Column 225waters, and also over offences committed by British passengers on foreign ships.
Mr. Curry: The average council tax for band C, two adult dwellings in England in 1995 96 is £543. This is before any reductions for council tax benefit and transitional relief, and represents an increase of 5.3 per cent. on 1994 95 levels.
Shire areas are showing the lowest increases, with an average 4.5 per cent. rise on last year.
In London, the average council tax for band C is £512, an increase of 7.8 per cent. on last year. Metropolitan areas have set band C council taxes at £605, 5.8 per cent. higher than in 1994 95. I have today placed in the Library of the House a table showing the band C council tax for each authority in England for 1995 96, and the percentage increase from 1994 95.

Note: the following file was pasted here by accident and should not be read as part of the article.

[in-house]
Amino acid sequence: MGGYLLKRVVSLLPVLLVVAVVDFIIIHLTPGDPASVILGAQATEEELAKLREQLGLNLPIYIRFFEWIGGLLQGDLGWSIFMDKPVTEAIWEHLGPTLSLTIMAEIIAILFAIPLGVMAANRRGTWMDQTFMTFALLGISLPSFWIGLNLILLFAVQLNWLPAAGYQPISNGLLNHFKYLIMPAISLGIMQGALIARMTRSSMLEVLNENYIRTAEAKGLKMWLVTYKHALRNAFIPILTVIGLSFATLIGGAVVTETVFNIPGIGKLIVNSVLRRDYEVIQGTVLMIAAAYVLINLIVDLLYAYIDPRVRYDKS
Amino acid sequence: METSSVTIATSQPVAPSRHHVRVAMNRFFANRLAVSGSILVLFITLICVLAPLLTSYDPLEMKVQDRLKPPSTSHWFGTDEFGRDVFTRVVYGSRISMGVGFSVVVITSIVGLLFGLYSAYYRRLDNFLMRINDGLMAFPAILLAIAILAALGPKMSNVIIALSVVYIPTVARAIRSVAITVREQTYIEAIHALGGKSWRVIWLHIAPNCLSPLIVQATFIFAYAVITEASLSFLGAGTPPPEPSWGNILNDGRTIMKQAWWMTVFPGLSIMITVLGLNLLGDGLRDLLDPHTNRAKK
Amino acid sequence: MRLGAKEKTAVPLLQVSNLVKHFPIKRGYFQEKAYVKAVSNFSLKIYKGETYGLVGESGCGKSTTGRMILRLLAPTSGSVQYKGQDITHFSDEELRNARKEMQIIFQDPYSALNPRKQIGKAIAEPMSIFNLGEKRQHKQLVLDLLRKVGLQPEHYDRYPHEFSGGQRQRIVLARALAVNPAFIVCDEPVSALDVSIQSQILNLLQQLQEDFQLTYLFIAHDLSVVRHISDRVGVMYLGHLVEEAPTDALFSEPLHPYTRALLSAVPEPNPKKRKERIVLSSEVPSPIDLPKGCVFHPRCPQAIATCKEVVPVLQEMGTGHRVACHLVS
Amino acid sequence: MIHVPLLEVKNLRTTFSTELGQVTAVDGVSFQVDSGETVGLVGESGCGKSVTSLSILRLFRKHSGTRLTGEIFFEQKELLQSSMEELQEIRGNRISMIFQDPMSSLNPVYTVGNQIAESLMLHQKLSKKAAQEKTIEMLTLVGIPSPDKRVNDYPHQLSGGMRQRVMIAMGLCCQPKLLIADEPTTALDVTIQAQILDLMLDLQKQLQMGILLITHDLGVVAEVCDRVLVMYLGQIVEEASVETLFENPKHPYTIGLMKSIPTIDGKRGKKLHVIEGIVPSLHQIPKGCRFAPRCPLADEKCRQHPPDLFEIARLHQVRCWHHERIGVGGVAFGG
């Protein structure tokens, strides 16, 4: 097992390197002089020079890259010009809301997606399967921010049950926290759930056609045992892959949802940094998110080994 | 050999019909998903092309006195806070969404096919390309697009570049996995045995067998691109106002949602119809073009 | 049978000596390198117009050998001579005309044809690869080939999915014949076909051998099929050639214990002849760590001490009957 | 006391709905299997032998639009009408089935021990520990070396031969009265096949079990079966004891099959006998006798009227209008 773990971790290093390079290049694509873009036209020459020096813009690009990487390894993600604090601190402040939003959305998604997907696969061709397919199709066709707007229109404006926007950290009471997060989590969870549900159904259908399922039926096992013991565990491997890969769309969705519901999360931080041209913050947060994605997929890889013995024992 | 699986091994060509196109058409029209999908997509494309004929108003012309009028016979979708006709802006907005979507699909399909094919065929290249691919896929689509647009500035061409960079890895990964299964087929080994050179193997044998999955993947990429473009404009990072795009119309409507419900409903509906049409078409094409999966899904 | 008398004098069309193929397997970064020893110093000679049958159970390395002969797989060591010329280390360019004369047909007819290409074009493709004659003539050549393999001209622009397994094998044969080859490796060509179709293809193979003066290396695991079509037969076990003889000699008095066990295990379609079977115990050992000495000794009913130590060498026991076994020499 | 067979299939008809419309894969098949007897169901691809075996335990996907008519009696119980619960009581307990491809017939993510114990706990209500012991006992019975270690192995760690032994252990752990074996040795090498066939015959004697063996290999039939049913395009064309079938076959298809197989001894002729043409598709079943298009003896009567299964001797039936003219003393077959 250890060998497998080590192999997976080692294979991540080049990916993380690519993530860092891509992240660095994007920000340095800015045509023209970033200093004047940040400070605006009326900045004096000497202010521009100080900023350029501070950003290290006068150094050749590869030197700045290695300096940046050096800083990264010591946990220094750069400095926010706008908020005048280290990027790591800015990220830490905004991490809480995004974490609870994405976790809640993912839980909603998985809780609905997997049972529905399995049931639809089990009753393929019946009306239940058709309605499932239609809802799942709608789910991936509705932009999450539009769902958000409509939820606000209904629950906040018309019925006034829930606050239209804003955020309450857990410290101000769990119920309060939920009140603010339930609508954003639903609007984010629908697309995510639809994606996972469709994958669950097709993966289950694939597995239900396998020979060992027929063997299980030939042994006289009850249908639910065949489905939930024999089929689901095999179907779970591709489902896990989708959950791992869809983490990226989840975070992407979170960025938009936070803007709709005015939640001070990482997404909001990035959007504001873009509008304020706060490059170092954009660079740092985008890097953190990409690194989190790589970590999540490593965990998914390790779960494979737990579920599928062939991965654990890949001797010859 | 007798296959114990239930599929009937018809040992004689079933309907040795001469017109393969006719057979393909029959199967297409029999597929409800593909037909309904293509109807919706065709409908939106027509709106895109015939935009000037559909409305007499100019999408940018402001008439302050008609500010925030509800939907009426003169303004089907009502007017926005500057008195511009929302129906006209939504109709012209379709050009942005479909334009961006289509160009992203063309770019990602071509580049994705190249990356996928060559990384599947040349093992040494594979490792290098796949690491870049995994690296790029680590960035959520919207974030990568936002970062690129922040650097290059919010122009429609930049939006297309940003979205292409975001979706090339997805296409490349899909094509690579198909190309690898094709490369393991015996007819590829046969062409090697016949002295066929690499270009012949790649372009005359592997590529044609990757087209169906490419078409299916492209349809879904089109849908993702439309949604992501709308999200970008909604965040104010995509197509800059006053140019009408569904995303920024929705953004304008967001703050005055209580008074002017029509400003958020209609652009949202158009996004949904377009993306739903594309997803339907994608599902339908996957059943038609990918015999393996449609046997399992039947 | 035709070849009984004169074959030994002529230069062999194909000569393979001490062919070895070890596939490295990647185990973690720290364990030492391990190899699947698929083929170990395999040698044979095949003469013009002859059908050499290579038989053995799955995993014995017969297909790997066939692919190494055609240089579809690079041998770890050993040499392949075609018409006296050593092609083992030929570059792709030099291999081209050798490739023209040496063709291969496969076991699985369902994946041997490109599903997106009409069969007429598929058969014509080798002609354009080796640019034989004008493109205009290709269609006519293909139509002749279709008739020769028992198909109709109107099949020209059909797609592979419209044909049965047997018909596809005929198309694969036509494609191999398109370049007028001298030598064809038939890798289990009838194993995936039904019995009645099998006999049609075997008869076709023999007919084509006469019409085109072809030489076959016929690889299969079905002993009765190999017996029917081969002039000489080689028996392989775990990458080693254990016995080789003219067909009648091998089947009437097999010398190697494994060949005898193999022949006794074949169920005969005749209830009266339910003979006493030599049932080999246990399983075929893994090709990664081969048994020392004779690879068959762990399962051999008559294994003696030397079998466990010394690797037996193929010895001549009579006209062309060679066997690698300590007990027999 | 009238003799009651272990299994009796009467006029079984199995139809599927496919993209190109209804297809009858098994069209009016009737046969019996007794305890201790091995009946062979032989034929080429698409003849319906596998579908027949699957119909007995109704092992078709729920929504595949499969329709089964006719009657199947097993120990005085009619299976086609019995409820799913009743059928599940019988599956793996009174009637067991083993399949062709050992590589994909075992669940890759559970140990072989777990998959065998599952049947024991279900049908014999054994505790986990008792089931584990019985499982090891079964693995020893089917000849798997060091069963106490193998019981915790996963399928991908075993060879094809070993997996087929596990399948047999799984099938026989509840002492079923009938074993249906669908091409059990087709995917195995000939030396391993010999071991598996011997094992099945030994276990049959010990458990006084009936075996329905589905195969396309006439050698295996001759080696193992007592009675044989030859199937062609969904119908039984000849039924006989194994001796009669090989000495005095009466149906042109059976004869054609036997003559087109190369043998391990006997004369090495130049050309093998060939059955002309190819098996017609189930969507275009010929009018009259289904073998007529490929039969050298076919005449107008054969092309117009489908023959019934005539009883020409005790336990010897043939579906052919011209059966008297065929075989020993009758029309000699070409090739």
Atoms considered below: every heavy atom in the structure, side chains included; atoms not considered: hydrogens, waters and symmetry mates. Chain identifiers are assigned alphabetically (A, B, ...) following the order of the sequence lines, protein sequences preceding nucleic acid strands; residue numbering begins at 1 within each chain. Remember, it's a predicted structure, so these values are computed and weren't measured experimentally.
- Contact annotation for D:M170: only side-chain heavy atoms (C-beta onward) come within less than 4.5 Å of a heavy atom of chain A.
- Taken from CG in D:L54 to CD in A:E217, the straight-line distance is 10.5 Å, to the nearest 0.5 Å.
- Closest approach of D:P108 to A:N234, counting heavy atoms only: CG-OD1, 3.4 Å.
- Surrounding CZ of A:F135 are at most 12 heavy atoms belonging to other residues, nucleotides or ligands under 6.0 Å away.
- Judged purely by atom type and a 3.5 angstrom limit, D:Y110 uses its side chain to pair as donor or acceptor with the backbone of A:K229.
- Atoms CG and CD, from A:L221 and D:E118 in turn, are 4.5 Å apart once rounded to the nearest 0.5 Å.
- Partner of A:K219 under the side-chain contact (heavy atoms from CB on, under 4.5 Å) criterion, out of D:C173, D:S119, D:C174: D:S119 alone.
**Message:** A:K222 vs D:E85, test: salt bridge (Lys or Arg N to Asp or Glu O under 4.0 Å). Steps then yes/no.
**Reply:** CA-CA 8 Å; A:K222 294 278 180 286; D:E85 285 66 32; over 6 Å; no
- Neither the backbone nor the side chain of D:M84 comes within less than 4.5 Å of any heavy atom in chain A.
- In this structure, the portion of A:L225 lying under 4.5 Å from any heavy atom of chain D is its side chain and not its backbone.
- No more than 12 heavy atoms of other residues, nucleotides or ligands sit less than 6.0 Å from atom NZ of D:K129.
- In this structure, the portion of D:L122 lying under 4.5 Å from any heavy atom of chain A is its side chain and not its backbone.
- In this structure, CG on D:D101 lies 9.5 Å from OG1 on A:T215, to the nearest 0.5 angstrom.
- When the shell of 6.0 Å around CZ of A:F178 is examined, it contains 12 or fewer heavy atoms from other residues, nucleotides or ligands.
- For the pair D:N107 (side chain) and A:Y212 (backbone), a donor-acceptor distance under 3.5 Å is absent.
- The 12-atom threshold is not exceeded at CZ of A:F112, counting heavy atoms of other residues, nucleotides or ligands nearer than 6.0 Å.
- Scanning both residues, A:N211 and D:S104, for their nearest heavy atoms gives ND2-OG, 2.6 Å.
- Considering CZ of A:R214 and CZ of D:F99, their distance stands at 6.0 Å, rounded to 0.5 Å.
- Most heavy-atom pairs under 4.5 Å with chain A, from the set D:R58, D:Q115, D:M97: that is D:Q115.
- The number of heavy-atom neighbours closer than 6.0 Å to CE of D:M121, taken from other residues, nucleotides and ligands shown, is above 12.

Mr. Hinchliffe: To ask the Secretary of State for the Environment how many families were placed in bed and breakfast accommodation, in each year since 1992 in (a) England and (b) each English housing authority. 
Mr. Robert B. Jones: Estimates of the average number of households that had been placed temporarily in bed-and-breakfast accommodation by local authorities in England through administering the homelessness provisions of the Housing Act 1985 are given below: 1992: 10,430
The number of households in bed-and-breakfast accommodation had fallen to 4,330 households at 31 December 1994, some 12 per cent. fewer than a year earlier and 68 per cent. below the peak level at the end of September 1991. This confirms that local authorities are heeding the Government's advice to use other forms of temporary accommodation wherever possible.
I have today placed in the Library a table giving the information as reported by each local authority in England for each year from 1992 to 1994.